Photo by Ken Cole
Mario Belloni of Davidson College leads a breakout session on teaching and modeling using physlets and open source physics at the 2007 workshop for new physics and astronomy faculty.
More than 80 new physics and astronomy faculty attended a workshop held November 8-11 at the American Center for Physics in College Park, MD. The annual New Faculty Workshop, hosted by the American Association of Physics Teachers in conjunction with APS and the American Astronomical Society, helps new faculty understand how students learn physics and how that knowledge can be used to improve teaching methods.
The workshop, now in its 12th year, is designed for faculty in the first few years of their first tenure track appointment at a four year college or university.
Small-group sessions and discussion allowed participants to exchange ideas. The workshop “gives them the opportunities to explore what people have done,” said Toufic Hakim, AAPT Executive Officer.
The workshop featured several large group sessions on topics such as research in physics education, peer instruction, interactive lecture demonstrations, assessment and evaluation, helping students develop problem-solving expertise, and getting students to prepare for class.
Participants also attended small group workshops on topics including active learning with real time physics; Physlets and Open Source Physics; digital libraries; tenure matters and time management; problem solving; and Quantum Interactive Learning Tutorials. Additional small group sessions focused on introductory physics, upper level physics, and astronomy. Separate sessions were also held for faculty from bachelor’s, master’s, and PhD granting institutions.
Speakers included Lillian McDermott, Peter Shaffer, and MacKenzie Stetzer (University of Washington), Eric Mazur (Harvard University), David Sokoloff (University of Oregon), Ronald Thornton (Tufts University), Edward Prather (University of Arizona), Karen Cummings, (Southern Connecticut State University), Evelyn Patterson (U.S. Air Force Academy), Ken Heller (University of Minnesota), and Jim Stith, (American Institute of Physics).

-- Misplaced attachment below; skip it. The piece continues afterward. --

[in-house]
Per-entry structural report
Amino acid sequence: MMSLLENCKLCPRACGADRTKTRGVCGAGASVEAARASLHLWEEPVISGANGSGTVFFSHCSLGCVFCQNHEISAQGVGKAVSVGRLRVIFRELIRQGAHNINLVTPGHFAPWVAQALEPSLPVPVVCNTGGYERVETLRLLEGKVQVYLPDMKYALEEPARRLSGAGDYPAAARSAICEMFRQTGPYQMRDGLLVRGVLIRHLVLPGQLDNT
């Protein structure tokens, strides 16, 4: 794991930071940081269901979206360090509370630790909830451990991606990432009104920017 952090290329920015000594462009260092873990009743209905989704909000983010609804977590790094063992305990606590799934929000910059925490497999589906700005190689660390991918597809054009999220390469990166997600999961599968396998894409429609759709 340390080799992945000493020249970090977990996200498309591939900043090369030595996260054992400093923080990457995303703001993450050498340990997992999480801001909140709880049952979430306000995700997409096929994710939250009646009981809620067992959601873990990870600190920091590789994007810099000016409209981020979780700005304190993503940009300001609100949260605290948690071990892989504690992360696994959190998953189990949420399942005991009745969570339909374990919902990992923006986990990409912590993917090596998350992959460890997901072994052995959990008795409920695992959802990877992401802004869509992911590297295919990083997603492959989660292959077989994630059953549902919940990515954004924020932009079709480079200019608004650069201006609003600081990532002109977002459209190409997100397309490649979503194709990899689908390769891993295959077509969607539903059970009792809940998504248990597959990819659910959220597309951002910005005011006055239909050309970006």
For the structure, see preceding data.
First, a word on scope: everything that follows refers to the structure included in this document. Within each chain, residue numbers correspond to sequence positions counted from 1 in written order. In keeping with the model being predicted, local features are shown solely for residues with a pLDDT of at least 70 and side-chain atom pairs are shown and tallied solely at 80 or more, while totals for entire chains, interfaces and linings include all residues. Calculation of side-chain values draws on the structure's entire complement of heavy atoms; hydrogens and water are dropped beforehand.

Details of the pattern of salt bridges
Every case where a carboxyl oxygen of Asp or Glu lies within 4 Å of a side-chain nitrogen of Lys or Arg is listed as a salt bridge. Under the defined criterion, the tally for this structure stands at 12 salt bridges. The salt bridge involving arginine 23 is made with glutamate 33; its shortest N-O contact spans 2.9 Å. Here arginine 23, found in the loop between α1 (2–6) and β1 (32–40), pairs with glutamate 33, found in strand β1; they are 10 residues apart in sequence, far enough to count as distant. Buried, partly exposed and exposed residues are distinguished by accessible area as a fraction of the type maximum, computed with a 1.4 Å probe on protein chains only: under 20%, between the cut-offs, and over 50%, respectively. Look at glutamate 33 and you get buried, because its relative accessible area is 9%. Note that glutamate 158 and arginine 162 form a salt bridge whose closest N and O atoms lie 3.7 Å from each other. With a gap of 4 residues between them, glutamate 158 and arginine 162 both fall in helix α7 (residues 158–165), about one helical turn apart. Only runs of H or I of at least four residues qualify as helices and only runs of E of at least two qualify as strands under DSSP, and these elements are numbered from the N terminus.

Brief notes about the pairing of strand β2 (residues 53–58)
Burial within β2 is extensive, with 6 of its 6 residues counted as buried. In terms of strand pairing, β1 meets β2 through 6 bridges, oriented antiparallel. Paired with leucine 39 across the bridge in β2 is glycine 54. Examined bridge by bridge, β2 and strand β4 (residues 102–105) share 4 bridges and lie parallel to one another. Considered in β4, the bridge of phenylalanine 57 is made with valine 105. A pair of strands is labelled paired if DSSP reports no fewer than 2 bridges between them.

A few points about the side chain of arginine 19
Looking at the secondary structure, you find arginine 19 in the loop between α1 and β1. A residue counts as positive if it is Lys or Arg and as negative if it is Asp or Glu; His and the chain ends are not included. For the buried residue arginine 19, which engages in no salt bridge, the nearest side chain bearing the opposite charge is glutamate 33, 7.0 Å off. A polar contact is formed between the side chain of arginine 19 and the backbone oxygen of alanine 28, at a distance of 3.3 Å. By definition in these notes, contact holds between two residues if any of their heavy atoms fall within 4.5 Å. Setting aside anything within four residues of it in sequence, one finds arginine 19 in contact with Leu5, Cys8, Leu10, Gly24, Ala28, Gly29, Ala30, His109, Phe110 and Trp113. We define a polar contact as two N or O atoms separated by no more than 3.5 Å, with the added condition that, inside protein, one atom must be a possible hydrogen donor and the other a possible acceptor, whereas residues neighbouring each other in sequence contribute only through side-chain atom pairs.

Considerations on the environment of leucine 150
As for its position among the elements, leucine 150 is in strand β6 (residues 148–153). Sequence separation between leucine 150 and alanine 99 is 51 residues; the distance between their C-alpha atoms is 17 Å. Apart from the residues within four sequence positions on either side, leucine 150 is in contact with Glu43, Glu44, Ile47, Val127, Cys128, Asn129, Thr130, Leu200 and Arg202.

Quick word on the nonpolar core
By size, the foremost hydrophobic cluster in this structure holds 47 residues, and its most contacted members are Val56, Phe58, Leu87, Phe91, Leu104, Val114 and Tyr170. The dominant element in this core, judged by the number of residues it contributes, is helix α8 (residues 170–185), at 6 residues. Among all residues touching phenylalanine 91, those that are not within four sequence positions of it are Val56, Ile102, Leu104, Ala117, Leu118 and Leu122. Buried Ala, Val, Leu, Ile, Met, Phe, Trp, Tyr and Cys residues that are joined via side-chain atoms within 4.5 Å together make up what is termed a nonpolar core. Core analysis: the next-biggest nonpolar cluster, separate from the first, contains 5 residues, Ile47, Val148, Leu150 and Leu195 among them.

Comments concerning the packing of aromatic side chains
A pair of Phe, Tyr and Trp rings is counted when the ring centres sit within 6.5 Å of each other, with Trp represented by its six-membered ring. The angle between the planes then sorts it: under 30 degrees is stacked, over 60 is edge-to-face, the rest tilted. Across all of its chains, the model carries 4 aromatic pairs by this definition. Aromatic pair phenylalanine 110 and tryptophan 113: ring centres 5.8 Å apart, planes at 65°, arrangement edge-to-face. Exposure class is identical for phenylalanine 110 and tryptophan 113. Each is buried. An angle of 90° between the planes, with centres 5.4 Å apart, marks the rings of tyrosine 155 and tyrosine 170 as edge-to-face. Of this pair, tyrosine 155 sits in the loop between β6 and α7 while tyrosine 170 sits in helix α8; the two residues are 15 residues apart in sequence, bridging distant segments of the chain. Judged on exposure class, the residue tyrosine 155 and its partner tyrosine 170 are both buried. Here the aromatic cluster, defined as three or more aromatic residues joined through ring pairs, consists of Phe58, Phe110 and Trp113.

Workshop participant Tatiana Toteva of Randolph College in Lynchburg, VA said the workshop gave her new “enthusiasm for teaching.” “While I am really impressed with the effectiveness of the methods that were presented, it is really the enthusiasm of the presenters, and how much they care about their students’ learning, that inspires me to follow in their footsteps,” said Toteva.
For some, the workshop was an eye-opening experience. Workshop participant Barry Zink of the University of Denver said, “I traveled to DC having already taught a year of calculus-based introductory physics, with what I felt were reasonably good results, and good evaluations from students… I felt the teaching part of the job was probably most under control. The New Faculty workshop convinced me that I was wrong, I probably hadn’t taught my students much either! Though it might seem hard to imagine, this was a positive thing, as I feel I came away with many ideas on how to improve my students’ understanding of physics that I can implement in the limited time available,” said Zink.
Although professors may not be able to make significant changes in the way they teach based on one short workshop, “we planted the seed,” said Hakim. He has noticed that over time, workshop participants are coming in more aware of the newer teaching methods, having been exposed through others who have adopted those methods. “The effort that we’ve put in for the last 12 years is starting to pay off,” said Hakim.